Four reasons to invest in open-source software
Published 06/03/2014 | 02:30
They say necessity is the mother of all invention, but it is also the mother of opportunity.
A perfect example of this is the rise of open source software over the past five years.
While open source software has been around for years at this stage, it really took off during the economic downturn, when businesses were looking for software solutions but didn't have the budget to purchase licences from proprietary companies such as Microsoft and SaaS.
Instead they found alternatives that could be downloaded for free online.
This necessity gave open source software the opportunity it needed to prove to business owners that it was a safe, affordable alternative to proprietary – or closed source – software, capable of fulfilling the requirements of its users.
As we trundle through the first quarter of 2014 and business confidence and spending continue to rise, still more businesses are migrating to open source. Why? Because there are many more advantages to open source software than just saving money.
The ability to create new applications quickly, reliably and economically is drawing businesses big and small, in the public and private sectors, to open source and encouraging them to use it for ever-larger projects.
As a specialist in the development and customisation of CRM/ERP and compliance and risk management software, I have seen first-hand the growing demand for bespoke open source software solutions for business.
Here are four reasons why organisations of all sizes are investing in open source:
Saving money is only a part of the attraction of open source. That part, however, is still pretty significant.
Whether it's a Content Management System (CMS) or Customer Relationship Manager (CRM), because you're building it on previously developed code, you can focus your finances and efforts on customising the software to meet the specific needs of your organisation at a fraction of the cost.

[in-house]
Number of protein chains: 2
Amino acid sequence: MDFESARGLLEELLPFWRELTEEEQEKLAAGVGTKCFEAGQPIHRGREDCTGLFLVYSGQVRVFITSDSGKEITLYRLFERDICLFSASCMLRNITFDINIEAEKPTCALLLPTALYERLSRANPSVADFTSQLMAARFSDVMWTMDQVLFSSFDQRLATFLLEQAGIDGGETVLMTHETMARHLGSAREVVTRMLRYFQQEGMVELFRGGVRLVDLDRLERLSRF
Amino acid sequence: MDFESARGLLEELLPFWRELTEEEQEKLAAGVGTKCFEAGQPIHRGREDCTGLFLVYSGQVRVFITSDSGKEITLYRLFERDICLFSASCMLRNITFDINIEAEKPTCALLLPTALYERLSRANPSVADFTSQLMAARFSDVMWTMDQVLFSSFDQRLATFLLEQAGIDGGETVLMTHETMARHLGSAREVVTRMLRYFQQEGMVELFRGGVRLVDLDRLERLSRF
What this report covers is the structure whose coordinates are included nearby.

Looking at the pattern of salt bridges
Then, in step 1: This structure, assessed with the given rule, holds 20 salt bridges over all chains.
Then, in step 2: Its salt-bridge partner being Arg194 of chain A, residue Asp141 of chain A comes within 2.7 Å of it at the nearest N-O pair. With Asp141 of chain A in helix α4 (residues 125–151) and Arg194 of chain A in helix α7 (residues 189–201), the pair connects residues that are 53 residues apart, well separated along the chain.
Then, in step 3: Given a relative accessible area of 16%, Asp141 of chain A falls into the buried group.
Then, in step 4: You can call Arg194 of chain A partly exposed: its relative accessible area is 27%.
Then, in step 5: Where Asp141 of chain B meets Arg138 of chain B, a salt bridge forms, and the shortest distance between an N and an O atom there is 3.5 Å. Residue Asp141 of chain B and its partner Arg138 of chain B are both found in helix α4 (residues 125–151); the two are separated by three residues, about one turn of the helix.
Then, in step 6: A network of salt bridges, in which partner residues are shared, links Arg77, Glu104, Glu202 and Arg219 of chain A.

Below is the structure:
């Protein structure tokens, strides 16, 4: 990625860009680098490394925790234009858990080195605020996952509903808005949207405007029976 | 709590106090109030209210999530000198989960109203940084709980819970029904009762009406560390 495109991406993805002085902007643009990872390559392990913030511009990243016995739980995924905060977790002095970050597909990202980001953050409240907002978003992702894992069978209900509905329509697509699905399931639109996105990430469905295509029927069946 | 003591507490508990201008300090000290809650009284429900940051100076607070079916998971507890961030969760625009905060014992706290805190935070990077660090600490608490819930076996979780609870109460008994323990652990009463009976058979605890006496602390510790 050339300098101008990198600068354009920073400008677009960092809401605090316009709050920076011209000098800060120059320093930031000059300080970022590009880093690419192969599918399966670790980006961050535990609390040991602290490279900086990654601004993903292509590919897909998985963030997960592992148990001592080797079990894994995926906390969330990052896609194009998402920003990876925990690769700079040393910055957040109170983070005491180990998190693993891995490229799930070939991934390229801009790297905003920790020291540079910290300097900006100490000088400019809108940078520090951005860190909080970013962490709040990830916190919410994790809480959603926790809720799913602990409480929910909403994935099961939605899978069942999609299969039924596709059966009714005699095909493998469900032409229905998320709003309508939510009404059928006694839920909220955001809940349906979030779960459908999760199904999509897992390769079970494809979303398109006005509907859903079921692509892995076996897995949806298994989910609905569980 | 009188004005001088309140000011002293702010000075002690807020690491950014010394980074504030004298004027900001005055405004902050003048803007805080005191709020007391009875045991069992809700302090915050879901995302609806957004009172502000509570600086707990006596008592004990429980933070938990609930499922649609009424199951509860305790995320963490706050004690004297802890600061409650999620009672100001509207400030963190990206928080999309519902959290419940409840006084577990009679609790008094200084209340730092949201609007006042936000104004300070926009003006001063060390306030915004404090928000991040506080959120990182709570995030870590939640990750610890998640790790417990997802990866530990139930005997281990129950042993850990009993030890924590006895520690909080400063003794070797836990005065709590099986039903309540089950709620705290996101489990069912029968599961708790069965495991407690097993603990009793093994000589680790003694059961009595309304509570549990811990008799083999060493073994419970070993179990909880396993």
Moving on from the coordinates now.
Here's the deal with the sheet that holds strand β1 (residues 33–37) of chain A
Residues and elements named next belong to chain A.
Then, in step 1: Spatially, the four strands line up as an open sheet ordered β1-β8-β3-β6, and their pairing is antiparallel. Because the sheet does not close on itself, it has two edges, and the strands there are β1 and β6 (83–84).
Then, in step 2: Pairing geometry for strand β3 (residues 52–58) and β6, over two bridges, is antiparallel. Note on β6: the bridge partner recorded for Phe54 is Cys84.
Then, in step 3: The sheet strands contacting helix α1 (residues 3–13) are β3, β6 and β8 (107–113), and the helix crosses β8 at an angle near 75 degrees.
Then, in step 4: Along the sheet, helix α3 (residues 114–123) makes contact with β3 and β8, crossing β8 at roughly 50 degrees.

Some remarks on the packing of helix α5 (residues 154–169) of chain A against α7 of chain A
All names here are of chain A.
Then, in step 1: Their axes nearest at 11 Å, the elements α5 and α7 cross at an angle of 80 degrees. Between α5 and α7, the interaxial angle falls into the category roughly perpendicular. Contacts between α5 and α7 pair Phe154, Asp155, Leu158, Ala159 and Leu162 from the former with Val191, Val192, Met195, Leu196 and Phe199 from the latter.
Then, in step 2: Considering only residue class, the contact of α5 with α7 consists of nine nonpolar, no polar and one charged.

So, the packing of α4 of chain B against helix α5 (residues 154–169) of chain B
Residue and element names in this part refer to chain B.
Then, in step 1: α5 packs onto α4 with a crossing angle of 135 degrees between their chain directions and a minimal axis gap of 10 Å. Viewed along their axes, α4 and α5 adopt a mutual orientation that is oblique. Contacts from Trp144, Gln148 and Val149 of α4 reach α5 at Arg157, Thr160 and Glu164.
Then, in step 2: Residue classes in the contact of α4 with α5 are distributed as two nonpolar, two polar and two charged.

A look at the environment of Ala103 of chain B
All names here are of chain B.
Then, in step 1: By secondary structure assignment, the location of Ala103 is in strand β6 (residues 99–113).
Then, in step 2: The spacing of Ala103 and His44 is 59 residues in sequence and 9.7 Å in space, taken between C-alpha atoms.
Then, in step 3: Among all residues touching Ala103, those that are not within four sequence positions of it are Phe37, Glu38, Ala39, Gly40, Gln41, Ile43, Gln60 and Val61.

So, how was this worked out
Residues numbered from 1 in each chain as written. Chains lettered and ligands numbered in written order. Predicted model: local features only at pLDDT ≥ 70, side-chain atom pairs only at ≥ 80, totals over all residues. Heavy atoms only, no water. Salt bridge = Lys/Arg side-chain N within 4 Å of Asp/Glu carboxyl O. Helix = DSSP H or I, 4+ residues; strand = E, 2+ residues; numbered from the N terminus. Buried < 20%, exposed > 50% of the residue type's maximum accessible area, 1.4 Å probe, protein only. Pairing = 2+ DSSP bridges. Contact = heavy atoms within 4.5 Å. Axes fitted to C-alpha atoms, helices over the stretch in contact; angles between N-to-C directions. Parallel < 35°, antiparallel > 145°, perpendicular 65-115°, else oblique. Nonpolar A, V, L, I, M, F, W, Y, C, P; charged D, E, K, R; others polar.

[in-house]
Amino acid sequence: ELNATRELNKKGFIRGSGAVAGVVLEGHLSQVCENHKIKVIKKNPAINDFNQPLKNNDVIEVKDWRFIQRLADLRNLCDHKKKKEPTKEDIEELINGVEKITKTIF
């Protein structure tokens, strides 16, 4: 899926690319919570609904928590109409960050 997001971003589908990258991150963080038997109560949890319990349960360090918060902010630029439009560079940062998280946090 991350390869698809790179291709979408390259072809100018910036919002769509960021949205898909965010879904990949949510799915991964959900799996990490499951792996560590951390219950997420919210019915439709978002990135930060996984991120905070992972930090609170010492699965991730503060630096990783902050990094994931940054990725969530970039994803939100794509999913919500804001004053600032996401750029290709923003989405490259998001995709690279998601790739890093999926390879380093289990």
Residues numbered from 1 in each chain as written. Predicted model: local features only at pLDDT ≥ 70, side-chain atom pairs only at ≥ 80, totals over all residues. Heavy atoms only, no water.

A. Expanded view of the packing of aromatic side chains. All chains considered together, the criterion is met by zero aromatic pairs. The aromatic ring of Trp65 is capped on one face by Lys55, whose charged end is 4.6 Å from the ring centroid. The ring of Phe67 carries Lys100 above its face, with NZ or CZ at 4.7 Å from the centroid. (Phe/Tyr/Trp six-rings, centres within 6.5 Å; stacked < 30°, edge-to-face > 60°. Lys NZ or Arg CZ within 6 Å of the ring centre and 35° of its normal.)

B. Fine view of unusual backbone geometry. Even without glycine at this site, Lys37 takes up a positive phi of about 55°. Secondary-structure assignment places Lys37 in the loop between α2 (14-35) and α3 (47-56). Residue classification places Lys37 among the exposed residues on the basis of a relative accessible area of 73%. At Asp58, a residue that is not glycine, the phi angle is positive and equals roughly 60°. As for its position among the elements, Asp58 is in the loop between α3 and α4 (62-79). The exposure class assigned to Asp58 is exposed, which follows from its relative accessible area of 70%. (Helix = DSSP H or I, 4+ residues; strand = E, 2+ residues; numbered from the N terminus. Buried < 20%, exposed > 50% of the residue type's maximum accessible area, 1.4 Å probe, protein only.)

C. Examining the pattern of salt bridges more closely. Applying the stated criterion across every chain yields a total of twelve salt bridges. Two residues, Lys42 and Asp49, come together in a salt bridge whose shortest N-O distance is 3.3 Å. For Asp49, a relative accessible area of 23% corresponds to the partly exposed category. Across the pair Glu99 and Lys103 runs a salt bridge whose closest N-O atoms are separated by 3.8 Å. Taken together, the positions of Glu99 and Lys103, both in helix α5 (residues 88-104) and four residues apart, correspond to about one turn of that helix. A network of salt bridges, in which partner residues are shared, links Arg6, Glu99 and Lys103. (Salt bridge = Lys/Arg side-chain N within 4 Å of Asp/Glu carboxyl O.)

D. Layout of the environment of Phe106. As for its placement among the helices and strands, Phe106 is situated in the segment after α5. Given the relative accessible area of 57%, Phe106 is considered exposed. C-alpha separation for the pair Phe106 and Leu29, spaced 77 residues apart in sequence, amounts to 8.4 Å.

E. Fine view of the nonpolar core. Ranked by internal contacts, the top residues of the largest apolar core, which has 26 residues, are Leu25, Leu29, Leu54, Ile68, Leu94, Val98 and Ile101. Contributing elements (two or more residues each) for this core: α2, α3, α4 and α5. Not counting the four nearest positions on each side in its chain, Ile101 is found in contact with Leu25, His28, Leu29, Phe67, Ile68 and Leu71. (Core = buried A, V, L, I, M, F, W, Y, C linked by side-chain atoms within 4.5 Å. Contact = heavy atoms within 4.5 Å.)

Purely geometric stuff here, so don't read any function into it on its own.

The quality of open-source code for development is a result of the number of people who are able to contribute, review and test it.
The reason being that if code is flawed, a developer community can identify and address the problem quickly as opposed to a single coder or proprietary developer ploughing ahead unaware of the error for quite some time or until something fails.
This development structure again feeds back into cost: If you had to review and test the software yourself, you would end up spending a small fortune – as so many businesses did in the past.
When I say business agility, I'm referring to a company's ability to react to market demands quickly.
Because you have access to the code, you can adjust your software where necessary to ensure it is in keeping with the requirements of your business and its customers.
Take SEPA for example: as soon as the Single European Payment Area was announced in Europe, open source software was the first to start giving businesses the option of SEPA-based payment transfers/reports.
An added benefit of this agility is that companies using open software code aren't tied to a single a particular vendor/partner and hence are not exposed if the vendor goes out of business, for example.
By using code with strong community support, there is a much higher probability of it being maintained and further developed than software from a commercial enterprise, which may be disbanded once it's no longer financially viable.
That most free and open source software has no purchase cost and also provides an obvious incentive for its adoption.
But most business owners are happy to pay for upkeep, maintenance, training and support if these services bring apparent reward.
This has been the model for most open source companies. Companies that distribute free and open source software are dependent on the excellence of the support they provide for revenue.
This acts as a major incentive for ensuring the quality of their services.
The switch to open source software isn't necessarily straightforward and there are potential downsides.
Companies need to carefully evaluate their operational requirements and integration issues that could arise with existing systems.
Also, they need to determine whether or not the learning curve (and possible costs of hiring in experts) that may be involved in switching to open source software, especially for a small organisation, will outweigh the attractiveness of a paid-for solution from a commercial vendor.
Rohit Thakral is CEO of Dublin Based Target Integration, a leading developer of open source software in Ireland